A “campus mystery,” an interactive Web site, and interesting “factoids” were the ingredients of one campus’s innovative and successful social norms campaign to reduce problem drinking. EDC’s Higher Education Center for Alcohol and Other Drug Abuse and Violence Prevention (HEC) has recently published a case study that describes the initiative, Multifaceted Social Norms Approach to Reduce High-Risk Drinking: Lessons from Hobart and William Smith Colleges. Written by H. Wesley Perkins, Ph.D., and David W. Craig, Ph. D., the document portrays a program that successfully changed student perceptions about drinking levels among peers as well as reduced the amount of drinking on campus.
The comprehensive social norms campaign combined campus data collection, print media, electronic media, curriculum development, and other campus activities.
Alcohol use and associated problems were “disturbingly high” before the campaign, the authors note. A total of 89 percent of students drank alcohol during the average week and 55 percent of students were frequent heavy drinkers (five or more drinks in a row). The effects of drinking were far-reaching: 25 percent reported injuries associated with drinking, and more than one-quarter of students said that every week someone else’s drinking interfered with their studies, sleep, or other aspects of life.
The project began with careful research and data collection to discover the norms of the community. The majority of students at Hobart and William Smith Colleges (HWS) drink alcohol moderately; however, they perceive their peers’ drinking behavior to be higher than it actually is, says Perkins. “But students don’t always act on their own attitudes,” because they think other students don’t.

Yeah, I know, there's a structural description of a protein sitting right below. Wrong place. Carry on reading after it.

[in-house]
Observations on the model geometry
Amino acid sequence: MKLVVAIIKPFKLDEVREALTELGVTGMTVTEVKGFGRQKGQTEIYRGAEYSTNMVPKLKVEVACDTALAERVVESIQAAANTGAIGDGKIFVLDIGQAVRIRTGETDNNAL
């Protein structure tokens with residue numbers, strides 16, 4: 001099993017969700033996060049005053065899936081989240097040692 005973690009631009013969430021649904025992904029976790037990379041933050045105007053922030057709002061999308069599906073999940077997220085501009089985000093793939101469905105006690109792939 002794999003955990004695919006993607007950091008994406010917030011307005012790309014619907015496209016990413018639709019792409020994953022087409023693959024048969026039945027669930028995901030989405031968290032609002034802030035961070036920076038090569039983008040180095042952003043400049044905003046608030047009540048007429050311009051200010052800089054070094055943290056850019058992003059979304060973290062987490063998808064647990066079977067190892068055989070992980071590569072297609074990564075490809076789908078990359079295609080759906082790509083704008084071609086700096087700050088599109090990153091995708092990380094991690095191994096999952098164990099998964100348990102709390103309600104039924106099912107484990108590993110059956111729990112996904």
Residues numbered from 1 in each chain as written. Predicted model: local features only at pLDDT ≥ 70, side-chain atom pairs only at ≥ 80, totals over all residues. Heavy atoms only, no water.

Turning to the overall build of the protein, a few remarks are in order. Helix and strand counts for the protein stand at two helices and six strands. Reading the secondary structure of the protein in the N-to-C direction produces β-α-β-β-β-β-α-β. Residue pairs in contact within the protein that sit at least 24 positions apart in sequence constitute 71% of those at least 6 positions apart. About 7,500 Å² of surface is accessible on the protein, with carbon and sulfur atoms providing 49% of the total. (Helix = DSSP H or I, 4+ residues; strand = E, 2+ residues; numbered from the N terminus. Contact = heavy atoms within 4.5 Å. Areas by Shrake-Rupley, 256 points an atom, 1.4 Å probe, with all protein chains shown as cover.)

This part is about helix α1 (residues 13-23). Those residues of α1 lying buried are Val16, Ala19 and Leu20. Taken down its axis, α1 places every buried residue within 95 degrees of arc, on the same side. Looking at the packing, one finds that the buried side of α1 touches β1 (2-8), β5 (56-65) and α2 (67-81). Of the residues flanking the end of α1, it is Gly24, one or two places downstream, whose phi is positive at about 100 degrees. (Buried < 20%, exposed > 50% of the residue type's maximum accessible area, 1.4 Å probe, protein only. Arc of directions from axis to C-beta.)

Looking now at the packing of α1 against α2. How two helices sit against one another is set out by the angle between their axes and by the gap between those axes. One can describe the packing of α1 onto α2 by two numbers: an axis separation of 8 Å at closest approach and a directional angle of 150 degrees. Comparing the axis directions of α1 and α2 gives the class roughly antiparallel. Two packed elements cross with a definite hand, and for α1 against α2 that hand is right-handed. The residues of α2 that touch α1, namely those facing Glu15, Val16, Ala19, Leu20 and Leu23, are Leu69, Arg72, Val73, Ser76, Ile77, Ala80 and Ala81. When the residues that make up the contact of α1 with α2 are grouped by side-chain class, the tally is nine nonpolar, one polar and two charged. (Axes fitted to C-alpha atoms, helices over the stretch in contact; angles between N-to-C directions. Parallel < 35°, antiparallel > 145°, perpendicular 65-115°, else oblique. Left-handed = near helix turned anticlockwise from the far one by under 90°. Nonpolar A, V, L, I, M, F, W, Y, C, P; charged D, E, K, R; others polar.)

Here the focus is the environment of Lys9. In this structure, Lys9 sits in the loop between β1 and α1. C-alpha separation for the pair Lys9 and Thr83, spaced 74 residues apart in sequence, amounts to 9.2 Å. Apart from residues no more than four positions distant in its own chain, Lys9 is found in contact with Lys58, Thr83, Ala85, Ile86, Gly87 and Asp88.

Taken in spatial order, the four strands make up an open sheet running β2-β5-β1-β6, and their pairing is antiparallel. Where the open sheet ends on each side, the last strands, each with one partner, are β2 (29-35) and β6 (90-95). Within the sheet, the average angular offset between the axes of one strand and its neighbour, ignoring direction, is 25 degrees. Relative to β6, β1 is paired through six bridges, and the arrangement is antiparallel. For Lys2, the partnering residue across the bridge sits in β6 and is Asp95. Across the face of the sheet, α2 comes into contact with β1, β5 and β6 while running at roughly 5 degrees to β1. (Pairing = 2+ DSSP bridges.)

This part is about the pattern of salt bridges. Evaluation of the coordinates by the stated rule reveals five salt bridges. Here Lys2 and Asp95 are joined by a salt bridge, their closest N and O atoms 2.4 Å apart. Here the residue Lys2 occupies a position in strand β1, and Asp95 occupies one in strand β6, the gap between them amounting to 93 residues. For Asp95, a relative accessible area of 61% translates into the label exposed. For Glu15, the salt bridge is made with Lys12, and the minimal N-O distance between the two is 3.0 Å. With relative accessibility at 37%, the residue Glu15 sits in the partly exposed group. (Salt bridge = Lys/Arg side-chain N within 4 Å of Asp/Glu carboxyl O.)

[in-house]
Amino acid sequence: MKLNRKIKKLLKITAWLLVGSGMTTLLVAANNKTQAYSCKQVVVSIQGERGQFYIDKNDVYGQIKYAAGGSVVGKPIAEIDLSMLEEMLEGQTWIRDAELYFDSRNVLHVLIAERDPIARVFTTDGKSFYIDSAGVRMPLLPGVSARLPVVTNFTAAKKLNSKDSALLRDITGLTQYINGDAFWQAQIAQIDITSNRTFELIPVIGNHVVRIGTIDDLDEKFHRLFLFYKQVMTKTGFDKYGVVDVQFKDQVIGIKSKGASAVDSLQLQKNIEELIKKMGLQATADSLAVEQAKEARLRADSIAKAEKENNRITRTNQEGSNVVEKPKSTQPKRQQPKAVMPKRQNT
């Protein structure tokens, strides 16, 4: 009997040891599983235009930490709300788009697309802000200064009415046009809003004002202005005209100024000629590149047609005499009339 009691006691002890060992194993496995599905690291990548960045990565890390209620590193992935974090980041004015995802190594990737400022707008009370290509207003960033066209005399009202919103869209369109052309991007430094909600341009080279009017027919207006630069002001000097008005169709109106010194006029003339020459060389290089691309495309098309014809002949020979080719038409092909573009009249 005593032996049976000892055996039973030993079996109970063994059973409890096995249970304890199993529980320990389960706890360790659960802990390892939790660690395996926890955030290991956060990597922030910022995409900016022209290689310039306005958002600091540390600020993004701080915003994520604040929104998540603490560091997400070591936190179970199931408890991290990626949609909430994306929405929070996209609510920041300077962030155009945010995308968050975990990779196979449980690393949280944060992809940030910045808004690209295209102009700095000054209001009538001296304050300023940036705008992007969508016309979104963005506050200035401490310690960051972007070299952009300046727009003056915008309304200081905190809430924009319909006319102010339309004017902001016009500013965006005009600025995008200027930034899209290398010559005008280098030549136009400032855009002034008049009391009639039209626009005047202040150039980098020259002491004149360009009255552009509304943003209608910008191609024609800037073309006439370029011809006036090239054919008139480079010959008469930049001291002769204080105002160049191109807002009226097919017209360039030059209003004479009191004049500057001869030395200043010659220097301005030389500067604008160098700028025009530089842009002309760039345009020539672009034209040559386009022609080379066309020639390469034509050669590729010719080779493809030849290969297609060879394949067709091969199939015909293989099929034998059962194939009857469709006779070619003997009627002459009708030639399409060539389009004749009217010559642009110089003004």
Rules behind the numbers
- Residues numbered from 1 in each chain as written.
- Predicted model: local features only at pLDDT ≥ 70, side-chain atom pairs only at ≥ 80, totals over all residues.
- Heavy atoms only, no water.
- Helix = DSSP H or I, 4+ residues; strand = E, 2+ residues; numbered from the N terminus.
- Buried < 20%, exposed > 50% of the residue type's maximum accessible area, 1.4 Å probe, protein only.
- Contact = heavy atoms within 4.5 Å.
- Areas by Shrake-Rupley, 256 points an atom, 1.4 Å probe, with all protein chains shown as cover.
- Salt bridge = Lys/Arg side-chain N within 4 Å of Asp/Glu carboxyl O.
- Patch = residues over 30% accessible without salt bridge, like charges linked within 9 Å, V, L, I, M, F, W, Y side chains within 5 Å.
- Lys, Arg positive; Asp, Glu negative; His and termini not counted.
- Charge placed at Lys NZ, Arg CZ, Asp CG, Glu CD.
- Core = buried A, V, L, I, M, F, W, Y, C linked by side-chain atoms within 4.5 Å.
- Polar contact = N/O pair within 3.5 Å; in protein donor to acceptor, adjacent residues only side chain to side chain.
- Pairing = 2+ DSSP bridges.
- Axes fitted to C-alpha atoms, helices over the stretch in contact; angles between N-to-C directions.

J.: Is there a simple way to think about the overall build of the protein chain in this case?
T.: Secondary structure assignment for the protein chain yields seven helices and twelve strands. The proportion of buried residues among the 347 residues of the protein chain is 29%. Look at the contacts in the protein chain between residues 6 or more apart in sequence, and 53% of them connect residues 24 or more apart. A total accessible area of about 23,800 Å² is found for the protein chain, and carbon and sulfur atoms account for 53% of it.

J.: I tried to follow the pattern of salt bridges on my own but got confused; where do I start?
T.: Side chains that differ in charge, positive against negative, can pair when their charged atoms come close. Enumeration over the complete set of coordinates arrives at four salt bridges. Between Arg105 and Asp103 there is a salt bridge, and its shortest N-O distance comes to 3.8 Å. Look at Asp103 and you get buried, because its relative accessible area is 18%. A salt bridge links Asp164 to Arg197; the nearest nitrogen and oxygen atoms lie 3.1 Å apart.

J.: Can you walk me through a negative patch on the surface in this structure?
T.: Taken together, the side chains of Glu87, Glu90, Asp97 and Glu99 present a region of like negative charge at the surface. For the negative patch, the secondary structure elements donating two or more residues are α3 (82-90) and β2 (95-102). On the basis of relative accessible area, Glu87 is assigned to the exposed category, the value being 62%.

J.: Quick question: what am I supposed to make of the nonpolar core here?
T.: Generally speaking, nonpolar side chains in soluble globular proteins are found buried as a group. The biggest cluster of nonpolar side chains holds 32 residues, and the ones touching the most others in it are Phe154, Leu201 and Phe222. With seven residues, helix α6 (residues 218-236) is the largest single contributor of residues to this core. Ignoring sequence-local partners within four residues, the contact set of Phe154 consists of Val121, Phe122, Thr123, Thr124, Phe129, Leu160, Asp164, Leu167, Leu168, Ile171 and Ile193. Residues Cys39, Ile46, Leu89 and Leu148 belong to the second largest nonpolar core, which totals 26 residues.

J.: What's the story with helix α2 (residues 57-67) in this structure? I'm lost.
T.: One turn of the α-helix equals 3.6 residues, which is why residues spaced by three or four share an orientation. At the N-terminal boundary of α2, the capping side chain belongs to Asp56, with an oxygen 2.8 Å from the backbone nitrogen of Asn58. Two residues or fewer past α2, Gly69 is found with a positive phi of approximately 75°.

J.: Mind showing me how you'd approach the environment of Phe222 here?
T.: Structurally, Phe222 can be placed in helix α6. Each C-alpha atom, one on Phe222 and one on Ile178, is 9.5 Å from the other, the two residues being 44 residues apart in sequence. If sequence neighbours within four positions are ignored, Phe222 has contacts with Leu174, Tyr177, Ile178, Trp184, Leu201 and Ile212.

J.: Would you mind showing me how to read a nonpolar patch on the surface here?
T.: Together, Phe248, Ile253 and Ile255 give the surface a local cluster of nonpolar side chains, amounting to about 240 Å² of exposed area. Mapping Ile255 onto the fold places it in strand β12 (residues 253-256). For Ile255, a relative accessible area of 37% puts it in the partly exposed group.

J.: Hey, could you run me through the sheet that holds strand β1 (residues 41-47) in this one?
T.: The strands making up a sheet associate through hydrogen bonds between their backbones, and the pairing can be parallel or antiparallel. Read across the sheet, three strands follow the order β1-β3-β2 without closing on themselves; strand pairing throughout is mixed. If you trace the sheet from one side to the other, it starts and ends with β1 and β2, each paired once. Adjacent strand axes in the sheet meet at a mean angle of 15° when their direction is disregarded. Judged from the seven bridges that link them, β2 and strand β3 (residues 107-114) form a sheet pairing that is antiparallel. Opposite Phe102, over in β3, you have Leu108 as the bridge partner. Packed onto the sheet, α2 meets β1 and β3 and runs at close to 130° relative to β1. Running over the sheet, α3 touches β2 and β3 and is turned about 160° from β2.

The project launched a print media campaign featuring three series of posters and ads that were “strategically placed following alcohol-related incidents on campus.” The ads were intended to show that the majority of students do not drink in ways that lead to such consequences. One poster proclaimed: “Ever hear someone say ‘Everybody drinks a lot at parties’? In reality, the majority of HWS students drink 1-4 drinks or do not drink at all!” The campaign distributed free items featuring statements like “The majority of HWS students drink 2 days or less per week or do not drink at all.”
These messages were reinforced by contributions to the school newspaper’s “Campus Factoids” column, which offers “a mix of serious, disturbing and humorous facts.” One contribution: “Eighty-three percent of students never drive in an alcohol impaired condition during the academic year.”
To further pique interest in the campaign, organizers launched a “campus mystery” via posters and the campus newspaper. What is the meaning of “2/3=1/4”? Clues were provided in the newspapers, and eventually the answer was revealed: 2/3 or HWS students drink only 1/4 of the alcohol consumed. In other words, a small group is consuming the bulk of the alcohol.
The electronic media campaign aimed to reach students “whose on-campus routines did not include passing by poster displays or reading the campus newspaper,” said the authors. A screen saver presented rotating facts and figures and an interactive multimedia program featured a database, video clips, and online discussions. The project Web site provided information about all aspects of the campaign.
The project also supported numerous activities on campus, such as purchasing books for the library, materials for an interdisciplinary course on alcohol use and abuse, and educational workshops for faculty and for student-teachers. Campus lectures, staff development, and other activities reinforced the key messages of the campaign.
According to the study, most students were aware of the campaign, and between 1995 and 2000, student perceptions changed dramatically. For example, the study revealed a 41 percent increase in the number of students who correctly perceived the campus drinking norm as moderate. Actual drinking habits changed as well. Between 1995 and 2000, there was an 18 percent decrease in the frequency of student drinking in a two week period, and a 22 percent decrease in the average number of drinks consumed in a typical week. Further, “sizeable and statistically significant declines were observed in property damage, missed classes, inefficiency in work, unprotected sex, and memory loss.”
The authors attribute most of the positive changes could be linked to the social norms campaign as no other new alcohol education or prevention efforts began during 1995 through 1999.
Originally published on May 1, 2002